In principle, black holes can have any mass; black holes formed by stellar death have at least twice the mass of our Sun. Unlike ordinary things (e.g., rocks), which have a size roughly proportional to the cube root of their mass, black holes have radii proportional to their mass. The event horizon of a nonrotating black hole the mass of our Sun has a radius about 3~km. Thus, large black holes aren't very dense! A black hole a billion times as massive as our Sun, such as is thought to exist in the center of some galaxies, has an average density just twenty times the density of air.

Black holes, like any gravitating objects, exert a tidal force. If you approach a black hole feet first, the gravitational force at your feet is greater than the force at your head. The tidal force at the event horizon is smaller for larger black holes: you would get torn to shreds far outside a black hole the mass of our sun, but at the event horizon of a billion solar mass black hole the tidal force would only be a millionth of an ounce!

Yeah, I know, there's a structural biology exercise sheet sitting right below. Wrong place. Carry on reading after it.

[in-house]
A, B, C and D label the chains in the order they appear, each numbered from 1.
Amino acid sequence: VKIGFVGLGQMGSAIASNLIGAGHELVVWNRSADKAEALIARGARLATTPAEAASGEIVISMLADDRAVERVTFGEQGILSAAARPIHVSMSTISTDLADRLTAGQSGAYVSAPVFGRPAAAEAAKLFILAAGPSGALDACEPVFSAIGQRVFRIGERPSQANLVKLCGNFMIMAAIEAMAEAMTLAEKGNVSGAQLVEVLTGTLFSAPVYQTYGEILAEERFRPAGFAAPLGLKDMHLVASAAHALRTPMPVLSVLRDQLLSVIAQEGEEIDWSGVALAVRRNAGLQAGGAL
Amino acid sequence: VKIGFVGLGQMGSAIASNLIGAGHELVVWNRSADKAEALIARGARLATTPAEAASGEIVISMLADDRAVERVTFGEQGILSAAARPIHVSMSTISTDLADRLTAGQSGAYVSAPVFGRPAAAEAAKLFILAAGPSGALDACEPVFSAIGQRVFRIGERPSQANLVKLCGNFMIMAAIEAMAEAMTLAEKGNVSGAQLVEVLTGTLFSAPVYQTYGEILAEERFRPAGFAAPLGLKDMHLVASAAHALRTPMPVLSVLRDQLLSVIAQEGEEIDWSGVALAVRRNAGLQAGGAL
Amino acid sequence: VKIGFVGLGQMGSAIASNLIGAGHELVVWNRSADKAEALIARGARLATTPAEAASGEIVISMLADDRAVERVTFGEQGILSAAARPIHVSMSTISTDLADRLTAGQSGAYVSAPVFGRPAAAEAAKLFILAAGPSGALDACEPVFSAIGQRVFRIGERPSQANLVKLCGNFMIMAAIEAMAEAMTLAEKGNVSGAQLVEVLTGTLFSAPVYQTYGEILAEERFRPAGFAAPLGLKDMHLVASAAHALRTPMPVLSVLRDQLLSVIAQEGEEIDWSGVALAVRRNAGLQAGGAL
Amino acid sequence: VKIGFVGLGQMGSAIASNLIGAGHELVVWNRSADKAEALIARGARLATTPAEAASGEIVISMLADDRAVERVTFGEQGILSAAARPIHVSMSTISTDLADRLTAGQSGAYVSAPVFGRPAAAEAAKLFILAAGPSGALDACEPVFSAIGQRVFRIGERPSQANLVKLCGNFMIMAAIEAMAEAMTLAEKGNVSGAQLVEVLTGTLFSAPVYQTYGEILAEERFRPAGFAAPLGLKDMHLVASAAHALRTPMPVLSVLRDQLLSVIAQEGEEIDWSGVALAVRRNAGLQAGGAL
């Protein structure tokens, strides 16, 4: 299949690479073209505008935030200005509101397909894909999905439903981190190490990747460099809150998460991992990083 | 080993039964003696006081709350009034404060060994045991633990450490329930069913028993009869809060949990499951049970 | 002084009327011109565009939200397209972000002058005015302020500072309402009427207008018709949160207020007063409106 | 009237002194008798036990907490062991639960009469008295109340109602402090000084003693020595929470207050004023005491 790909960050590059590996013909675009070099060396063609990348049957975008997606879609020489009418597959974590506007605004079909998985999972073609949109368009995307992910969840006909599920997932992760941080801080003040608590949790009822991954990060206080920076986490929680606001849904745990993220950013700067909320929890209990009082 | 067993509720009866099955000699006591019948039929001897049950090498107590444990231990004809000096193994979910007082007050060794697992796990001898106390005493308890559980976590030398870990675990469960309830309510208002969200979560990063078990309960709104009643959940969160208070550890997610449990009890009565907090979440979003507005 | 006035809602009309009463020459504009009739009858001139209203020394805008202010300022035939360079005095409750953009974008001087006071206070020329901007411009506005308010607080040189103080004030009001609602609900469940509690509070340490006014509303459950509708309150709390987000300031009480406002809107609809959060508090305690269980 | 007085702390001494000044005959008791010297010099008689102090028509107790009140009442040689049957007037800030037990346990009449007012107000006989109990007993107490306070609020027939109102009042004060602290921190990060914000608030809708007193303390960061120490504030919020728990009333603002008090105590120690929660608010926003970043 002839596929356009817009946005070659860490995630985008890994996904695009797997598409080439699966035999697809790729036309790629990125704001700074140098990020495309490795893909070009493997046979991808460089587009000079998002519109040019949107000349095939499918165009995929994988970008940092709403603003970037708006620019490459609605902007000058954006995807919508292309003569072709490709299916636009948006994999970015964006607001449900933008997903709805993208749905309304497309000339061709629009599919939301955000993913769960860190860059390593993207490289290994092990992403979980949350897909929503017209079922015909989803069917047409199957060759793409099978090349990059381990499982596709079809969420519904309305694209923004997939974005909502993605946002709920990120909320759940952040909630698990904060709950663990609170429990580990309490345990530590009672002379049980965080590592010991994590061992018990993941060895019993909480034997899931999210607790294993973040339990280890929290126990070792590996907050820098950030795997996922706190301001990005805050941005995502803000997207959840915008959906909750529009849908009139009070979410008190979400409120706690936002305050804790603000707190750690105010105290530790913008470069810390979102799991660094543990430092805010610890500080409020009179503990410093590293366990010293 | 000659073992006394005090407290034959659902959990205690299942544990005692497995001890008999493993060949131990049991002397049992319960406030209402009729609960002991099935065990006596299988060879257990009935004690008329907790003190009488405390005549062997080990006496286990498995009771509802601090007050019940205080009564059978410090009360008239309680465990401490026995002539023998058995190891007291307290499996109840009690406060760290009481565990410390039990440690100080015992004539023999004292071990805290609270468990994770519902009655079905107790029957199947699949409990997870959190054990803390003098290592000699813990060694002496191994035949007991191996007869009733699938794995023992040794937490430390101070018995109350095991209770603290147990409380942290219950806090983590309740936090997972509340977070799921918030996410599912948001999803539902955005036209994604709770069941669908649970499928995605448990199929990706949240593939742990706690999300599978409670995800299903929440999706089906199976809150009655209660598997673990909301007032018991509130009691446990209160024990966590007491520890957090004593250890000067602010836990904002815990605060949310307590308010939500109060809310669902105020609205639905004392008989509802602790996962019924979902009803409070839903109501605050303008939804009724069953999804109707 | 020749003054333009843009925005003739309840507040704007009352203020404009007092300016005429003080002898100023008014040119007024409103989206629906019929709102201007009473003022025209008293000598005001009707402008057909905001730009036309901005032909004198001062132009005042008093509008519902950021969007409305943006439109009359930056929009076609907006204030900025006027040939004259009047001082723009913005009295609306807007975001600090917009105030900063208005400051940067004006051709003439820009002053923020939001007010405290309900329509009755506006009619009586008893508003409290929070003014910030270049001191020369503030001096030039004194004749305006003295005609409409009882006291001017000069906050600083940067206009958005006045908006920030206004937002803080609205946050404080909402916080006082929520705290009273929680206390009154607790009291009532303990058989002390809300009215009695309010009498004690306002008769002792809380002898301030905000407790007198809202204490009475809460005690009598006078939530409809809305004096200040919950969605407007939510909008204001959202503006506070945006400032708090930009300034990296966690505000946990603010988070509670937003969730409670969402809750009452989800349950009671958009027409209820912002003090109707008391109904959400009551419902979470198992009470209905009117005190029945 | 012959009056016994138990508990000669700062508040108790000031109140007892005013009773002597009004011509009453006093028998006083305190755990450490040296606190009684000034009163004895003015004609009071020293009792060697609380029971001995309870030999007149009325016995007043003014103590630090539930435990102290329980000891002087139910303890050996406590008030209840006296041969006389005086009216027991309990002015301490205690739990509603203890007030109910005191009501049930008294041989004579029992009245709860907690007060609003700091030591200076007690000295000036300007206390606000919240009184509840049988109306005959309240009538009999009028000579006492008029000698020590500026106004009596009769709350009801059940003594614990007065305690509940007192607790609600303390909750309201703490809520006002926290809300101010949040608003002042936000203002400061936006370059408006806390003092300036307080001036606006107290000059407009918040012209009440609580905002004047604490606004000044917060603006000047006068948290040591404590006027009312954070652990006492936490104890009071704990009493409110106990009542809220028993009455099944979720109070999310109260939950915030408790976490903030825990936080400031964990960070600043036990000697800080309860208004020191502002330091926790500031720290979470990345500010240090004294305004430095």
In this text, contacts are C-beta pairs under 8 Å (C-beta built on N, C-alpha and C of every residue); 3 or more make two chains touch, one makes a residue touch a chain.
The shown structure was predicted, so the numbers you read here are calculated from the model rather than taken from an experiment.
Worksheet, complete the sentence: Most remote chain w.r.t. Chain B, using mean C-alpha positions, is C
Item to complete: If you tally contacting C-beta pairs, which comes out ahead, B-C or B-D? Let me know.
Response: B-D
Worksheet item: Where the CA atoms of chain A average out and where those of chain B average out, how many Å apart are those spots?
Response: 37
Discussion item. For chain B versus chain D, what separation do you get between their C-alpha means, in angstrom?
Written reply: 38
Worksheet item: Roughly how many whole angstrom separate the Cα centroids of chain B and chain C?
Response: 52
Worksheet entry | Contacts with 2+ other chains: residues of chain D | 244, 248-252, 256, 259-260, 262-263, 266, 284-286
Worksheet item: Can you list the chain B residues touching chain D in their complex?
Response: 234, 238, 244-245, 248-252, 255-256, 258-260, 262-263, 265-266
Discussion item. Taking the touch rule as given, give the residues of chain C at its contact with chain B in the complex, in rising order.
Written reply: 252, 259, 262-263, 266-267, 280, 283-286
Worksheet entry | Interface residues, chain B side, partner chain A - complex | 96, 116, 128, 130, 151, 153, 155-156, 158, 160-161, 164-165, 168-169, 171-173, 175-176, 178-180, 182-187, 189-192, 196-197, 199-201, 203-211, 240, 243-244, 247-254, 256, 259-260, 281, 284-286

Strange Facts About Black Holes

How Do We Detect Black Holes?

Black holes don't radiate light, and an object that falls inside a black hole doesn't emit light either, so detecting them can be challenging.

Just as with neutron stars, if a black hole is in a binary and it strips gas from its companion, we can detect X-rays from the resulting accretion disk (see "Observing Neutron Stars"). The light from accretion disks around black holes looks very similar to the light from disks around neutron stars, and it is not always possible to tell with certainty which object lurks at the center of the disk, although in six cases so far we're sure that the central object is a black hole.